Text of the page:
14 January 2015
Last updated at 13:26
Crew members were evacuated from a US segment of the International Space Station after an ammonia leak was suspected.
But Nasa officials now says a sensor problem probably created the false impression of leaking coolant.
The Russian space agency emphasised that the crew members had not been in any danger.
It said that mission control experts in Russia and the US had quickly co-operated to ensure the crew’s safety.
The six crew members on the outpost put on breathing equipment and moved into the Russian segment after the alert at around 0900 GMT, closing the hatch to the US side behind them.
Jim Kelly from Nasa mission control in Houston told the crew: “We’re still trying to figure out exactly what happened. We’re not entirely convinced that this is an ammonia leak.”
A spokesperson for the space agency, Bob Jacobs, added that there was “no concrete data that suggests that there was in fact an ammonia leak”.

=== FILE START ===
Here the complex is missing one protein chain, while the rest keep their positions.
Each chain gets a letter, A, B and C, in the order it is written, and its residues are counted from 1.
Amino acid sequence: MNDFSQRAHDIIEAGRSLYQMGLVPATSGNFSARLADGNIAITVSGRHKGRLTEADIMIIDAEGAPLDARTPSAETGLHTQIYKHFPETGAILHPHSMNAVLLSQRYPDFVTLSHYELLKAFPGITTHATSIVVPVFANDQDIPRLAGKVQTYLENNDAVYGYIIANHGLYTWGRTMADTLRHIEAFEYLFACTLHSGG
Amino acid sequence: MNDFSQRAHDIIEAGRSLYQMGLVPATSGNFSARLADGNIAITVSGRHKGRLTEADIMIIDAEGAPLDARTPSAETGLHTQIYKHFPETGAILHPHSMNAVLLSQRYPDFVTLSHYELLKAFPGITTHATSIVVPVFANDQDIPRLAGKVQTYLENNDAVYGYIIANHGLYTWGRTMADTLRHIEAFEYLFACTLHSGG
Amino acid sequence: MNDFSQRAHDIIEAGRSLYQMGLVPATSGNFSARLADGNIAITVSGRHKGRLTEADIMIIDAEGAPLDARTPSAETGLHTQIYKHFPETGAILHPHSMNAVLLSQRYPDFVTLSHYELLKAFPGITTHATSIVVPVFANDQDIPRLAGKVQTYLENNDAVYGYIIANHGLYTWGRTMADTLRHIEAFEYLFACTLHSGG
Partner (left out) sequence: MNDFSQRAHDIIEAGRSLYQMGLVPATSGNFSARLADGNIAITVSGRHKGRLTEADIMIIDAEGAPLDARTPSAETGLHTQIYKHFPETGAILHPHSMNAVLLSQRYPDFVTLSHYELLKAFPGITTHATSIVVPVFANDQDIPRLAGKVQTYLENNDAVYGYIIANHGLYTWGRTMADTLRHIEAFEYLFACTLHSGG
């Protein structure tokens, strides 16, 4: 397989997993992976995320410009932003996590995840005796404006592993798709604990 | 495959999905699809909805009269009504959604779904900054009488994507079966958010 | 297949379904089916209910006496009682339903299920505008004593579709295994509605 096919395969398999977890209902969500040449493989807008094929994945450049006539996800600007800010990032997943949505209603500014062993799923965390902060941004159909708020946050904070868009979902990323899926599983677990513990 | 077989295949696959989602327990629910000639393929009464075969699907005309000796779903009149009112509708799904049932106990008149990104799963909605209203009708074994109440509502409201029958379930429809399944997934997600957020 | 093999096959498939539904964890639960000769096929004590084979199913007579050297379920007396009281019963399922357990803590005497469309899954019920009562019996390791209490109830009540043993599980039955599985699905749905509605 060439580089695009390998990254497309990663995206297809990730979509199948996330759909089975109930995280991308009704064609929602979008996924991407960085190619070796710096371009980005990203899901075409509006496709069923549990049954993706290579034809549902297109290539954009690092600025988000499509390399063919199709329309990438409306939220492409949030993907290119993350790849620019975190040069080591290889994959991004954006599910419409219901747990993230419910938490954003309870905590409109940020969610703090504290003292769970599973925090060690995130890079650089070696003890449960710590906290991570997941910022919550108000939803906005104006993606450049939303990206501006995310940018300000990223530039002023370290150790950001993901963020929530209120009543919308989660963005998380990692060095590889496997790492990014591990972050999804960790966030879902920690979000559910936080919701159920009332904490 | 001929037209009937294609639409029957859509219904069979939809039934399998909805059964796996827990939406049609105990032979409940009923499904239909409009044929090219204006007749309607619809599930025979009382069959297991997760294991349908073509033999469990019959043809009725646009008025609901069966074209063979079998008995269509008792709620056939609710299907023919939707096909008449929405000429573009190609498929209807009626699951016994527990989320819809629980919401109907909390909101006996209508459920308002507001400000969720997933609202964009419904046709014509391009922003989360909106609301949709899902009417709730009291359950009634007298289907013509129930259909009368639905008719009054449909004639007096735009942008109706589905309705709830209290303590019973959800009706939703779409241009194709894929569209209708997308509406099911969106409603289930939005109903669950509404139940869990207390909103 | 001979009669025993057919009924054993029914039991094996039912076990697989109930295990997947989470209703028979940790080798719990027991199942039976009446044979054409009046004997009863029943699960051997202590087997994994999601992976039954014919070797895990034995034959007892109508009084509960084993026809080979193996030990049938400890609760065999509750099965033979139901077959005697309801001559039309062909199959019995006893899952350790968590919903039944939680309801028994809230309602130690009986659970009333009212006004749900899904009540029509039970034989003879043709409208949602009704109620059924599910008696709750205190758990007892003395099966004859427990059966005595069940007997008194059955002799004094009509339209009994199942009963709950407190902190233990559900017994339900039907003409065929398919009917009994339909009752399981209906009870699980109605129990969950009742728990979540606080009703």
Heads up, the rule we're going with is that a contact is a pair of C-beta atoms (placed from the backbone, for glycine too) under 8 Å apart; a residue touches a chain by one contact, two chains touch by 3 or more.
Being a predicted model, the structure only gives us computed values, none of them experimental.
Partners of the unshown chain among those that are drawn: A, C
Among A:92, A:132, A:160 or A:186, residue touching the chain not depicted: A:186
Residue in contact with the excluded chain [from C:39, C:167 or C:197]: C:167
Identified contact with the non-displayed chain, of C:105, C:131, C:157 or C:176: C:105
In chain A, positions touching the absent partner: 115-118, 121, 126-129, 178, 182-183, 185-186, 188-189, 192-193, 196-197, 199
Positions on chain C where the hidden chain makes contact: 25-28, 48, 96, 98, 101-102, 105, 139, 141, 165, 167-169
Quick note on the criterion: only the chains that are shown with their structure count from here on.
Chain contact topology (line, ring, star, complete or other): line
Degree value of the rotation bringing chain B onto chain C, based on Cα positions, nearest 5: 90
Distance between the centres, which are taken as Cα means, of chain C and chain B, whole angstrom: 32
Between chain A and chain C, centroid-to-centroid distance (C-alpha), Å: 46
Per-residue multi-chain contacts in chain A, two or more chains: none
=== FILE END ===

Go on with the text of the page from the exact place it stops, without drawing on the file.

Crew members were unloading supplies from the Dragon cargo capsule when the alert occurred
“We saw an increase in water loop pressure, then later saw a cabin-pressure increase that could be indicative of an ammonia leak in the worst case scenario, so we protected for the worst case scenario and isolated the crew is the Russian segment of the space station,” he said.
Suspected ammonia leaks on the outside of the space station occurred in 2013 and 2009.
The outpost is manned by Nasa astronauts Barry Wilmore and Terry Virts, cosmonauts Elena Serova, Alexander Samoukutyaev and Anton Shkaplerov and European Space Agency astronaut Samantha Cristoforetti.
The Expedition 42 crew had been awake for about two hours before the alarm sounded, and was at work unloading the SpaceX Dragon cargo carrier which arrived days ago with more than 2.5 tonnes of supplies and science experiments.